The May 23, 2005 issue of BusinessWeek Magazine features a major section on evangelical churches in America. Geared to the business audience, the article is entitled, “Earthly Empires: How evangelical churches are borrowing from the business playbook.”
Here is a brief excerpt from one of the lead articles. To read the entire article, click here.
So successful are some evangelicals that they’re opening up branches like so many new Home Depots (HD ) or Subways. This year, the 16.4 million-member Southern Baptist Convention plans to “plant” 1,800 new churches using by-the-book niche-marketing tactics. “We have cowboy churches for people working on ranches, country music churches, even several motorcycle churches aimed at bikers,” says Martin King, a spokesman for the Southern Baptists’ North American Mission Board.
Branding whizzes that they are, the new church leaders are spreading their ideas through every available outlet. A line of “Biblezines” packages the New Testament in glossy magazines aimed at different market segments — there’s a hip-hop version and one aimed at teen girls. Christian music appeals to millions of youths, some of whom otherwise might never give church a second thought, serving up everything from alternative rock to punk and even “screamo” (they scream religious lyrics). California megachurch pastor Rick Warren’s 2002 book, The Purpose-Driven Life, has become the fastest-selling nonfiction book of all time, with more than 23 million copies sold, in part through a novel “pyro marketing” strategy. Then there’s the Left Behind phenomenon, a series of action-packed, apocalyptic page-turners about those left on earth after Christ’s second coming, selling more than 60 million copies since 1995.
Evangelicals’ eager embrace of corporate-style growth strategies is giving them a tremendous advantage in the battle for religious market share, says Roger Finke, a Pennsylvania State University sociology professor and co-author of a new book, The Churching of America, 1776-2005: Winners and Losers in Our Religious Economy. A new Pope has given Catholicism a burst of global publicity, but its nominal membership growth in the U.S. stems largely from the influx of Mexican immigrants. Overall, the Catholic Church’s long-term decline in U.S. attendance accelerated after the recent sex-abuse scandals, there’s a severe priest shortage, and parish churches and schools are closing in the wake of a financial crisis.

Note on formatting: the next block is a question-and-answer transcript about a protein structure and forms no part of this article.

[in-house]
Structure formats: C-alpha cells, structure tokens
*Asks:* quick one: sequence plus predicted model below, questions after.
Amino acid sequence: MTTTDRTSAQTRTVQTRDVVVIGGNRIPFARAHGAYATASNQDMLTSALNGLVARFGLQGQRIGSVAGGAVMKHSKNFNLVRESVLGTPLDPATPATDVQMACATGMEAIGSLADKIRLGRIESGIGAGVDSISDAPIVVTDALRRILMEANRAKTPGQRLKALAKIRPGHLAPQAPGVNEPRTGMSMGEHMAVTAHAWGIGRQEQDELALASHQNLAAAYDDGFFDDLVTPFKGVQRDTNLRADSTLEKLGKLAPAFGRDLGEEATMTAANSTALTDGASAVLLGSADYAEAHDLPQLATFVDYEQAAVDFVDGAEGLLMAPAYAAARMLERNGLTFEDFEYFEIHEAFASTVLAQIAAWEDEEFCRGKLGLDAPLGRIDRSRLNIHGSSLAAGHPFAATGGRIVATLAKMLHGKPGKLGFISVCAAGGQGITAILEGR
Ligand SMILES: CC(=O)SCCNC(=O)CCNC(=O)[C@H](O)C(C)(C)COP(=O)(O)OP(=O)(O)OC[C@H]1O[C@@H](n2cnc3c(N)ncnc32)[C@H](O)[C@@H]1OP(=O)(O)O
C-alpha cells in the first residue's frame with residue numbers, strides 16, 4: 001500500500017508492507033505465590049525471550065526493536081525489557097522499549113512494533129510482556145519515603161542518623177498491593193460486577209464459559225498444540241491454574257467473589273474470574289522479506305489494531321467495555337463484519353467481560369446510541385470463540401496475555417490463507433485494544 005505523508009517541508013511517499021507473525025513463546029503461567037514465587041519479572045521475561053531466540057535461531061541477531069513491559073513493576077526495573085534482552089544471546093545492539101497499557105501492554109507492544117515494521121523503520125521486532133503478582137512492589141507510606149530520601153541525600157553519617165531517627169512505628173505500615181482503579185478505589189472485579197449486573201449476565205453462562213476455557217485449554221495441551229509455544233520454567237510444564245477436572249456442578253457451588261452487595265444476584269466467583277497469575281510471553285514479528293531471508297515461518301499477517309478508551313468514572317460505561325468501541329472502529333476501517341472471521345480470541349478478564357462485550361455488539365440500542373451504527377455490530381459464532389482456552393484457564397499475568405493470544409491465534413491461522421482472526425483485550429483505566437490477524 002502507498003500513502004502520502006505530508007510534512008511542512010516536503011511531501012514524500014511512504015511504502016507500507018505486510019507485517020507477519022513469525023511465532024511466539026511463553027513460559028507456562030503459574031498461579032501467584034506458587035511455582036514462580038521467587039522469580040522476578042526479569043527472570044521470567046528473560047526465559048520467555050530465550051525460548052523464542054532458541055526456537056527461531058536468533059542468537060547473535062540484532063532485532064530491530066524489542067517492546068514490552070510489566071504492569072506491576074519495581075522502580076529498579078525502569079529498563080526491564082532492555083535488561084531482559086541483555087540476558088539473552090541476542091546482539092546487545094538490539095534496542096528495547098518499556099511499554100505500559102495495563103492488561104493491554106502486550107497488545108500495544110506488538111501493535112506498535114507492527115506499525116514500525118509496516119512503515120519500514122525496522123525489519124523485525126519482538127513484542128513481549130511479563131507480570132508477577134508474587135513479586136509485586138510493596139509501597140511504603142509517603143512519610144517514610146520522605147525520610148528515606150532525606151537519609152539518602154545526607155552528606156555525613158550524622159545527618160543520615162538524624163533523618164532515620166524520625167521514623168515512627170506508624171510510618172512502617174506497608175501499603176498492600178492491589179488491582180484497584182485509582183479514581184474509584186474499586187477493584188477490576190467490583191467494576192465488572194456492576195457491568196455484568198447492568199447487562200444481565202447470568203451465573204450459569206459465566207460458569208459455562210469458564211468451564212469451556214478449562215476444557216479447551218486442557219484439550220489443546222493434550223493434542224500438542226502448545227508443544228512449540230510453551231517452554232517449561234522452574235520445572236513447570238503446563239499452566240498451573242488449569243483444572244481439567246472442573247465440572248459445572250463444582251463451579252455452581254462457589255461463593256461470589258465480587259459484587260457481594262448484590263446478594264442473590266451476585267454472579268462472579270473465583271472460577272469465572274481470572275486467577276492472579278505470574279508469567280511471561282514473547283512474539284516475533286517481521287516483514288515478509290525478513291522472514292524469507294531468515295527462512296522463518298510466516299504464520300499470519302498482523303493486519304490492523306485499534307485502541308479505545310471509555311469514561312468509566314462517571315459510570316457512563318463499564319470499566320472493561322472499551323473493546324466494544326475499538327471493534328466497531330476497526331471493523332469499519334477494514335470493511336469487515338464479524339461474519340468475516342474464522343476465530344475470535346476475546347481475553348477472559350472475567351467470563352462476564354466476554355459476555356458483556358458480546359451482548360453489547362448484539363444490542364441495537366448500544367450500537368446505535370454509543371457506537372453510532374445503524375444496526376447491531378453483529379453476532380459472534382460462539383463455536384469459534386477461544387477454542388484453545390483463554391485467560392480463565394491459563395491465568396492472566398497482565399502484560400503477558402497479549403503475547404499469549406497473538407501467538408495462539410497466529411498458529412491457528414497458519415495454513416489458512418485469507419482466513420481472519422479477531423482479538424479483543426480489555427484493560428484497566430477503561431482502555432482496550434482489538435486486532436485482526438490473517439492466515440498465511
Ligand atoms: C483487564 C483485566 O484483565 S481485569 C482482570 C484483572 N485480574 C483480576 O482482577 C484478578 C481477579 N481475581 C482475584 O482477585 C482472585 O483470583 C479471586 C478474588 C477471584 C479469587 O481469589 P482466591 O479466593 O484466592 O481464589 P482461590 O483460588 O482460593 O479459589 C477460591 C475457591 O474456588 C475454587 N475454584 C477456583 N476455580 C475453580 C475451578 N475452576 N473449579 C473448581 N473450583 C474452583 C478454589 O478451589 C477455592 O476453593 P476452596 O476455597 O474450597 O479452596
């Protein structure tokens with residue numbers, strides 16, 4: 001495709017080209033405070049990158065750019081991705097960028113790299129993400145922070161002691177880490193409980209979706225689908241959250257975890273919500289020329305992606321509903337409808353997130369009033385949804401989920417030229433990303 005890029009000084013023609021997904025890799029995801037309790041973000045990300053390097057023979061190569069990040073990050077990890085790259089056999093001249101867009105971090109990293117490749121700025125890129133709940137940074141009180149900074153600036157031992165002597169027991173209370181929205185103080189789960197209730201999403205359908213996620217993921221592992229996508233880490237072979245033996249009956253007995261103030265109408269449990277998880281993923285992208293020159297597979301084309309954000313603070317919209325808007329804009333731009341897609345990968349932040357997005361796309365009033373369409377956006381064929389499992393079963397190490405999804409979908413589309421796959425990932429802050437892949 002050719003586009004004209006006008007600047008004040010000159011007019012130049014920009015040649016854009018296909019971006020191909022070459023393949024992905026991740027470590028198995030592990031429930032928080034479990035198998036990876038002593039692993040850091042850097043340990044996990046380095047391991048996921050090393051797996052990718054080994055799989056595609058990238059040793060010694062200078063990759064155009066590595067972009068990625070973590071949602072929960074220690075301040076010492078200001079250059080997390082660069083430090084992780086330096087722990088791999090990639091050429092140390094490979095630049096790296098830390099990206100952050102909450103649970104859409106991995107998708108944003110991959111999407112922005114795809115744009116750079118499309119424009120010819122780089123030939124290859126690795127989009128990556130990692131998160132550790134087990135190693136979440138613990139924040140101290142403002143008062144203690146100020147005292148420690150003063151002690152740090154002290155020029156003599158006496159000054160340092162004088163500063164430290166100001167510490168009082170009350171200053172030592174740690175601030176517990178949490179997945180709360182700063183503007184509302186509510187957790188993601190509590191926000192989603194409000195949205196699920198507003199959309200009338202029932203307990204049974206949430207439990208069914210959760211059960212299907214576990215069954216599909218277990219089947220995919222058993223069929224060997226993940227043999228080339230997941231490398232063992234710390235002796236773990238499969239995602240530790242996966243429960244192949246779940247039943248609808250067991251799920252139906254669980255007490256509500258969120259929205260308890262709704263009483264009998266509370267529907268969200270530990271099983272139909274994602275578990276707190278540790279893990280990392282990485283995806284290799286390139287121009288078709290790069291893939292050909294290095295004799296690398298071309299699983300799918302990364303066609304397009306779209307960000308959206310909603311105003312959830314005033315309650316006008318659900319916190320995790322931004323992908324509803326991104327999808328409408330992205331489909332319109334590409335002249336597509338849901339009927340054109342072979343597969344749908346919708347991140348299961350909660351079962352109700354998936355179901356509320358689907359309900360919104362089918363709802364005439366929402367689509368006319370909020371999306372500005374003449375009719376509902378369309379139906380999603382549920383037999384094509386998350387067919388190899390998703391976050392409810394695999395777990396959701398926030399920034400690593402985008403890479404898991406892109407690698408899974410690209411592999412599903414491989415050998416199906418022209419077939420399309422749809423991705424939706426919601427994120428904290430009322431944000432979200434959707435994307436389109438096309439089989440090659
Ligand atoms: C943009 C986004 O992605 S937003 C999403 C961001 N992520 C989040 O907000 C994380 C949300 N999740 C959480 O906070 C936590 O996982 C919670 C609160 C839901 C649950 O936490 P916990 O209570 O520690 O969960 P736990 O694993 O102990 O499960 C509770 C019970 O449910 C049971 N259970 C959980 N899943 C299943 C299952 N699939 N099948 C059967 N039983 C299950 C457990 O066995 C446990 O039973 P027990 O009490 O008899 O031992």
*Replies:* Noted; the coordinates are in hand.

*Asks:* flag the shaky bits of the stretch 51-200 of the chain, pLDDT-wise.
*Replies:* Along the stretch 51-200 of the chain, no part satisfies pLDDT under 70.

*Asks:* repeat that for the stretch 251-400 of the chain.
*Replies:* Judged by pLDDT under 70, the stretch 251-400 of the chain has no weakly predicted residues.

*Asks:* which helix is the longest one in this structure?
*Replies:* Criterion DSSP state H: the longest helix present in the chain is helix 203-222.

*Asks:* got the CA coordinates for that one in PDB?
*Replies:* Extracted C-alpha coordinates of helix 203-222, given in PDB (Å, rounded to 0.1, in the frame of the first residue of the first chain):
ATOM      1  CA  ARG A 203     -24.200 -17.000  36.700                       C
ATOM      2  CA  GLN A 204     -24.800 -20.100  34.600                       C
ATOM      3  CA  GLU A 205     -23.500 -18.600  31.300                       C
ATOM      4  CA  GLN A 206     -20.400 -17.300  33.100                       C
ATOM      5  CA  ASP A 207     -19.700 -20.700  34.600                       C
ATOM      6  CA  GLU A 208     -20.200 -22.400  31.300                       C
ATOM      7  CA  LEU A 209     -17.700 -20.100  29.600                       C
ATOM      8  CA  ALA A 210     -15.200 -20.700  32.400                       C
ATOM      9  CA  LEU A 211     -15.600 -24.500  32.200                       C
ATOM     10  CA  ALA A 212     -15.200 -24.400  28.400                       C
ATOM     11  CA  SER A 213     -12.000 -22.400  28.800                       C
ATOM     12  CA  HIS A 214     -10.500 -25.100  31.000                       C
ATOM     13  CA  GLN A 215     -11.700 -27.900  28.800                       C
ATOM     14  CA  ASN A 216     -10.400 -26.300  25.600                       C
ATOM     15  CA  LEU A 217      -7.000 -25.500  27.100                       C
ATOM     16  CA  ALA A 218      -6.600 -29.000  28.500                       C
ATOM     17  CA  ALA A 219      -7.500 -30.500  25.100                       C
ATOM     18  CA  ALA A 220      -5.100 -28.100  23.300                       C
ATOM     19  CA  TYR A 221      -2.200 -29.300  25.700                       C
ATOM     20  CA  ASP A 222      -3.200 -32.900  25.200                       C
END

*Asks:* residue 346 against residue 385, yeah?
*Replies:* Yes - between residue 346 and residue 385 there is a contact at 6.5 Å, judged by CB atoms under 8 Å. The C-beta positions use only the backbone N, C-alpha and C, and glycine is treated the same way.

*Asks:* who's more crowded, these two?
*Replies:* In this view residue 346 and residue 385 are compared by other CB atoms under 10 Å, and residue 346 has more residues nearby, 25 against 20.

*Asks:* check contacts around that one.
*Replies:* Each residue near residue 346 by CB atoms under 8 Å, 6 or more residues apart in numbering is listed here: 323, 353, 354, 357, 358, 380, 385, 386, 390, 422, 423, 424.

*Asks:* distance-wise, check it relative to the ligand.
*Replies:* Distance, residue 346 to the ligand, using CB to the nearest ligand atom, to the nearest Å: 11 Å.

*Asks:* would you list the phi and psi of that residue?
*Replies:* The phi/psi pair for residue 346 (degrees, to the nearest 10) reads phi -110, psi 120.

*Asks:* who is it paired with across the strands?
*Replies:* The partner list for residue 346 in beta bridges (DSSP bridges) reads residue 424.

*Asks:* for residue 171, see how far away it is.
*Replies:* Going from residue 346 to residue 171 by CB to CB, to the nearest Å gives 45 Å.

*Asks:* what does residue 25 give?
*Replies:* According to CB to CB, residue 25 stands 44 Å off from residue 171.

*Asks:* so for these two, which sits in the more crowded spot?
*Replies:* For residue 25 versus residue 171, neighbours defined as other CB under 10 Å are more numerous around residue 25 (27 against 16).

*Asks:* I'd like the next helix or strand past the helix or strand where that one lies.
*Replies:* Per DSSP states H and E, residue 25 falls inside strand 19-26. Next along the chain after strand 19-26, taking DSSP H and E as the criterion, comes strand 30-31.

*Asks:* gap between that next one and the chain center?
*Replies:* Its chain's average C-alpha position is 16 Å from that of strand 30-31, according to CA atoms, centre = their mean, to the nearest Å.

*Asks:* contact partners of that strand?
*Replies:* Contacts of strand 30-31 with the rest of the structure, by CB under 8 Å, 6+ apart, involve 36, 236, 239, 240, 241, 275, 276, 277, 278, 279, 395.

Similarly, the so-called mainline Protestants who dominated 20th century America have become the religious equivalent of General Motors Corp. (GM ) The large denominations — including the United Methodist Church and the Episcopal Church — have been shrinking for decades and have lost more than 1 million members in the past 10 years alone. Today, mainline Protestants account for just 16% of the U.S. population, says University of Akron political scientist John C. Green.
In contrast, evangelicalism’s theological flexibility gives it the freedom to adapt to contemporary culture. With no overarching authority like the Vatican, leaders don’t need to wrestle with a bureaucratic hierarchy that dictates acceptable behavior. “If you have a vision for ministry, you just do it, which makes it far easier to respond to market demand,” says University of North Carolina at Chapel Hill sociology professor Christian Smith.
With such low barriers to entry, the number of evangelical megachurches — defined as those that attract at least 2,000 weekly worshippers — has shot up to 880 from 50 in 1980, figures John N. Vaughan, founder of research outfit Church Growth Today in Bolivar, Mo. He calculates that a new megachurch emerges in the U.S. an average of every two days. Overall, white evangelicals make up more than a quarter of Americans today, experts estimate. The figures are fuzzy because there’s no common definition of evangelical, which typically refers to Christians who believe the Bible is the literal work of God. They may include many Southern Baptists, nondenominational churches, and some Lutherans and Methodists. There are also nearly 25 million black Protestants who consider themselves evangelicals but largely don’t share the conservative politics of most white ones. Says pollster George Gallup, who has studied religious trends for decades: “The evangelicals are the most vibrant branch of Christianity.”